Loss of comprehension of auditory, visual, or other sensations although the sensory sphere is intact; inability to recognize an object
APRAXIA OF SPEECH:
Neurologic speech disorder reflecting an impairment in the ability to plan or program sensorimotor commands necessary for directing movements of the articulators
(i.e., A disconnect between the brain and mouth).
Sensory process of “taking in” or receiving information that is external to or within the self-system.
Impairment in the production of sounds in words (i.e., inability to produce specific sounds, substituting one sound for another)
Incoordination of voluntary muscle movements, particularly those used in reaching and walking.
Pertaining to a wasting of tissues, organs, or the entire body.
AUTONOMIC NERVOUS SYSTEM (ANS):
Subdivision of the peripheral nervous system (part of the nervous system that lies outside of the spinal cord and brain). It is involved in “automatic” activities that are not normally under conscious control, for example digestion, breathing, control of blood pressure.
Perception of one’s physical self through proprioceptive and interoceptive sensations.
Cerebral vascular accident; a lesion in the brain resulting in paralysis of contralateral side of the body.
Paralysis of similar parts on both sides of the body.
Impairment of voluntary movement
Difficulty in performing purposeful voluntary movements, the nature and mechanism of which are understood in the absence of motor or sensory impairment.
Bodily reactions to retain state of balance in relation to gravity.
EXPRESSIVE LANGUAGE DISORDER:
Impairment in using written or spoken language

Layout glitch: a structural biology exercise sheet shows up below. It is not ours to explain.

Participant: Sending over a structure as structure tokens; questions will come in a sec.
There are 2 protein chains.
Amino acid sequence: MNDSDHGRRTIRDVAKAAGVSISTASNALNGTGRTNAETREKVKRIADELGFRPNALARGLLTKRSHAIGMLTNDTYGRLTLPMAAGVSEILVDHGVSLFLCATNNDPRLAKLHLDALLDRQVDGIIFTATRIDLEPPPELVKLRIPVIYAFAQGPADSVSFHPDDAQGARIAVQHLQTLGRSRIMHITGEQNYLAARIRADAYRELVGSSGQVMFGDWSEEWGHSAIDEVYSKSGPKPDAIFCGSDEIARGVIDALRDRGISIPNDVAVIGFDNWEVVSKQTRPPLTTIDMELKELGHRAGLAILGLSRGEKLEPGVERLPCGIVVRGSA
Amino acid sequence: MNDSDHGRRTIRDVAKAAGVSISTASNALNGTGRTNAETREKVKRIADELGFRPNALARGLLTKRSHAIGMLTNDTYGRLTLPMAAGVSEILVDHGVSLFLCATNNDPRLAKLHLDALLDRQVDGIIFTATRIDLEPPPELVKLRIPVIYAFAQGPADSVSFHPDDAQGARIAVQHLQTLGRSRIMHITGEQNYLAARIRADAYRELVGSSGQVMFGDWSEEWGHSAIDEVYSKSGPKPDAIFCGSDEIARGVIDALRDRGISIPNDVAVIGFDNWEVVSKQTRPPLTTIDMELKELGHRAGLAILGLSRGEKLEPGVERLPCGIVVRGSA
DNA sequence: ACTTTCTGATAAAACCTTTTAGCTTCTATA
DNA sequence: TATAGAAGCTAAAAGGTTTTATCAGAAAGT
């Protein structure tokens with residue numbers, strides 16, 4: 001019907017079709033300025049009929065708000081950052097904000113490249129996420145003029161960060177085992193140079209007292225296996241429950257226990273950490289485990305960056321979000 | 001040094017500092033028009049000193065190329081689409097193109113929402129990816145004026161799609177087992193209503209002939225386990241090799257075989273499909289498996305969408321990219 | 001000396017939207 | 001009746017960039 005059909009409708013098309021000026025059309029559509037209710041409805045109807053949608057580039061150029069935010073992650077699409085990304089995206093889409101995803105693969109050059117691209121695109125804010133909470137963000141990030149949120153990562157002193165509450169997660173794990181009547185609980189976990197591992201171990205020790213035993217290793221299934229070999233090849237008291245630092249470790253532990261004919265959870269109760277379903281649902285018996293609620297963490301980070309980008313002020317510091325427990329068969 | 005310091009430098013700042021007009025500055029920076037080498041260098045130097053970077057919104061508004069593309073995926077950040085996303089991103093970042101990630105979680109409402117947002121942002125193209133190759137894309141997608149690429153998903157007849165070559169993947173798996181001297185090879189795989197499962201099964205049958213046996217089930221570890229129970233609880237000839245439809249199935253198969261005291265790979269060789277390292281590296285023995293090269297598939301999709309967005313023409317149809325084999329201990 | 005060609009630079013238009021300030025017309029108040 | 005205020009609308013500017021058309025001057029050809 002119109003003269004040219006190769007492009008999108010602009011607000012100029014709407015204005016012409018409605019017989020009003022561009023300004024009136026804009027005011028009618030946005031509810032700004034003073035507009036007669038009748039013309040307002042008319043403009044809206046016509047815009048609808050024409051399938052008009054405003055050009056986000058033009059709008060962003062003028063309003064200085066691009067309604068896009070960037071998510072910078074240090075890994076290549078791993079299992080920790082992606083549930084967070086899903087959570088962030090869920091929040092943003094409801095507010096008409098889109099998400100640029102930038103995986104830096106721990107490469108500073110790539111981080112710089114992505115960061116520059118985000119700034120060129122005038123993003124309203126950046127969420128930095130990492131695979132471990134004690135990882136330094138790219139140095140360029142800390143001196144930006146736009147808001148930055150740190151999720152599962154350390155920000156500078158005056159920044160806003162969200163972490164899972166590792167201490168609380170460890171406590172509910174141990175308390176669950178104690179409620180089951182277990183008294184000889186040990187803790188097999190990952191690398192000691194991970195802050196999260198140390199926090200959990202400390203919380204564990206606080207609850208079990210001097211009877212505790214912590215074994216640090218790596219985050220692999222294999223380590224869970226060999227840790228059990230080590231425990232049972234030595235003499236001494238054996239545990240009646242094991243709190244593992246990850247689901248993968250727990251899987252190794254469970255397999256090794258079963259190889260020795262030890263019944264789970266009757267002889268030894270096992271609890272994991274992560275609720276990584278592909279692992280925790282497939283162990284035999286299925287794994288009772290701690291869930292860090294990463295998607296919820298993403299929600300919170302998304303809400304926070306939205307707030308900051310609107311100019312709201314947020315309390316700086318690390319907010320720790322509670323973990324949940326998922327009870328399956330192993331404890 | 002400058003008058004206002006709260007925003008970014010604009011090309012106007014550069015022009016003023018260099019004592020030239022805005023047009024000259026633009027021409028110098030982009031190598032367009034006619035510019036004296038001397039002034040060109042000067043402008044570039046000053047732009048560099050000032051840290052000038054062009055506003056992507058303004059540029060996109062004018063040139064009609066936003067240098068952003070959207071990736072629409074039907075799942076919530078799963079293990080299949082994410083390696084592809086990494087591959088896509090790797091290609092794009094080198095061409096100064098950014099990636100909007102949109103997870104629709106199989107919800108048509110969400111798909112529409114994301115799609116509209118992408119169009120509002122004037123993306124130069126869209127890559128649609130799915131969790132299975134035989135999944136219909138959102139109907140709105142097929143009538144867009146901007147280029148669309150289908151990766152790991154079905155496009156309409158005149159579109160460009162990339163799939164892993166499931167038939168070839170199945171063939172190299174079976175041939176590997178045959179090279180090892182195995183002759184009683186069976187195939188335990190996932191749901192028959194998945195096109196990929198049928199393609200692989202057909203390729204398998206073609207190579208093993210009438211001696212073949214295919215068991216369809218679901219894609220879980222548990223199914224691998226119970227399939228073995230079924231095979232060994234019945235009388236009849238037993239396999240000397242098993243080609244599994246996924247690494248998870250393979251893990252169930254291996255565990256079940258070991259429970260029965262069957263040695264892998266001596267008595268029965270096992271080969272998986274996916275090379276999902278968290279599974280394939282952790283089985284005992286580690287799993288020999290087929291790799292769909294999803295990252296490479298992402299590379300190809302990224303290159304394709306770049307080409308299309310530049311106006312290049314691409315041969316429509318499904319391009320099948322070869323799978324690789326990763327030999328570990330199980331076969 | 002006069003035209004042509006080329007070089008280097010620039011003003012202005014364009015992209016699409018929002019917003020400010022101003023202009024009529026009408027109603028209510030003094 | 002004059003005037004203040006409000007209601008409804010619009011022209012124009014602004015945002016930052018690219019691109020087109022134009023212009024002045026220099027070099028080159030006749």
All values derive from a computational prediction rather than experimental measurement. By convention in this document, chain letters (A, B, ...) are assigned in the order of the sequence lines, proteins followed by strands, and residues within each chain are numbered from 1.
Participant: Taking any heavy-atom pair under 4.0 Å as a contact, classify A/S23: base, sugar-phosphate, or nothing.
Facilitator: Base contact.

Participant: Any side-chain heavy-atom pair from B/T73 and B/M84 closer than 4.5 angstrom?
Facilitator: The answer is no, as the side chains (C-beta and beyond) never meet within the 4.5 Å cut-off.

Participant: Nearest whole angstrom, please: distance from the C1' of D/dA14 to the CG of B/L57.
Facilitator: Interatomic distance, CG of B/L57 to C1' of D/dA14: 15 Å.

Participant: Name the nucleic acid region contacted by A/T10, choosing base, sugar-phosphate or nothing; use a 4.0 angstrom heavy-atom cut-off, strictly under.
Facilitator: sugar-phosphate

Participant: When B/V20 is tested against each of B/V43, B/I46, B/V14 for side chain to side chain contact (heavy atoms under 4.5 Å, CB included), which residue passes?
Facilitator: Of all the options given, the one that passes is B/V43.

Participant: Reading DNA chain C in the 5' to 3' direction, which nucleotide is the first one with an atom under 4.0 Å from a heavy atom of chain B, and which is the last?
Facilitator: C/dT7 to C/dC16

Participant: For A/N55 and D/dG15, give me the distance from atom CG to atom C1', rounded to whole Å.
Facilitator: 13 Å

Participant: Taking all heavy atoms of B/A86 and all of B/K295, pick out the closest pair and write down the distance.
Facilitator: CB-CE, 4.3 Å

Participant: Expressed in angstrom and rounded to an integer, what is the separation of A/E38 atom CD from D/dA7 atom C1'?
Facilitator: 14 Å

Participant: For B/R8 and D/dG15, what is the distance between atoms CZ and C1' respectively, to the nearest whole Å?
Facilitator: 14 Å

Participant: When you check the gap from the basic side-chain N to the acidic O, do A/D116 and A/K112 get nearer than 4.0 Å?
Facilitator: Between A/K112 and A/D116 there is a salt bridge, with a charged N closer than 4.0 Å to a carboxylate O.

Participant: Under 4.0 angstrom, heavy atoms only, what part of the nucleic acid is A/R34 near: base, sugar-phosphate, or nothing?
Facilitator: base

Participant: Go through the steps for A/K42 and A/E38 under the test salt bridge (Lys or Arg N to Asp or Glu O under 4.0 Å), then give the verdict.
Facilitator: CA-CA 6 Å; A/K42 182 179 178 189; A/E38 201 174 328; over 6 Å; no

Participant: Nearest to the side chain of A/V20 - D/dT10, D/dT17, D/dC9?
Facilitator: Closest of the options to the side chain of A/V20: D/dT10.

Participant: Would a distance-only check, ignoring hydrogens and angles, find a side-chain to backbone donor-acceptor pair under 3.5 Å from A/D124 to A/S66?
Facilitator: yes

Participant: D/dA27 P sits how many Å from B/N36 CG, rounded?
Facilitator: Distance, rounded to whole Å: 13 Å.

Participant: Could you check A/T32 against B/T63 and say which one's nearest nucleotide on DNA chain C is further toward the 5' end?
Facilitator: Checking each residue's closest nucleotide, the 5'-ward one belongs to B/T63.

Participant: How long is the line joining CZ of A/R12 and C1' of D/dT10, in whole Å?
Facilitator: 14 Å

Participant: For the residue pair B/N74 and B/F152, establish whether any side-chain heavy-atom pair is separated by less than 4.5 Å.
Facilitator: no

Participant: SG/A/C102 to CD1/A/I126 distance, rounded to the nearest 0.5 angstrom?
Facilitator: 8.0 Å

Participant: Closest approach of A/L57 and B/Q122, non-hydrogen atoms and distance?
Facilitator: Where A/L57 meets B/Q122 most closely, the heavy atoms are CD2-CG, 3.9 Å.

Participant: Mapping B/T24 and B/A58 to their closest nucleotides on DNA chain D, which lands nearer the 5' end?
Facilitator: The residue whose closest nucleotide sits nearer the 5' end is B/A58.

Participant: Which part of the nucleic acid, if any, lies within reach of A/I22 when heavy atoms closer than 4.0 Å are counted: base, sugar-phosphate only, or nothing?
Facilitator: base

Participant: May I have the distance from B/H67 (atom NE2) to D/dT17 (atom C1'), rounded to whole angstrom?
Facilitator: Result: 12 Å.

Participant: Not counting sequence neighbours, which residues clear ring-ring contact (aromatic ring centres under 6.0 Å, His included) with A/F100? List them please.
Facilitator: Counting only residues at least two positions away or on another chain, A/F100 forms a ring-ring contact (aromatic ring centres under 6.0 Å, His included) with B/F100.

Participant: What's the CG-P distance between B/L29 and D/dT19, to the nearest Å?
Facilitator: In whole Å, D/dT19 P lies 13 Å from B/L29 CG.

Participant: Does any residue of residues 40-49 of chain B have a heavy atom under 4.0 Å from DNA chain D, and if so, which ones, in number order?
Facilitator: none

Relaxed; flabby; having defective or absent muscular tone.
Includes stuttering and cluttering. Stuttering is characterized by an abnormally high frequency and/or duration of stoppages in the forward flow of speech (i.e., repetitions of sounds, syllables, or words, blocks of airflow, and prolongations of sounds). Cluttering is characterized by bursts of rapid rates of speech that are unintelligible and disfluent to the listener.
“FRIGHT, FLIGHT, or FIGHT” RESPONSE
A nervous system defensive response to real or perceived danger.
Inability to correlate purpose and accomplishments of tasks.
Conscious perception of movement, weight, resistance, and position of a body part; also kinesthesis.
MUSCULAR DYSTROPHY (MD):
A broad term that describes a genetic (inherited) disorder of the muscles. MD causes the muscles in the body to become very weak. The muscles break down and are replaced with fatty deposits over time. The most common form of MD is called Duchenne muscular dystrophy (DMD)
MULTIPLE SCLEROSIS (MS):
A disorder of the central nervous system of unknown cause in which the body's immune system attacks myelin in the brain and spinal cord. Whether the disease manifests in repeated episodes of inflammation or as a chronic condition, it results in multiple scars, or scleroses, on the myelin sheath, leading to impairment or loss of nerve function.
Have a decreased range or variety of foods they eat, child will eat 30 or less foods. Eats the same food, the same way, all the time causes temporary burn out and the child refuses this particular food, these foods are usually accepted again after a two-week break. New foods on plate are tolerated and touched or tasted, even if reluctantly. Child eats at least one food from each food texture group.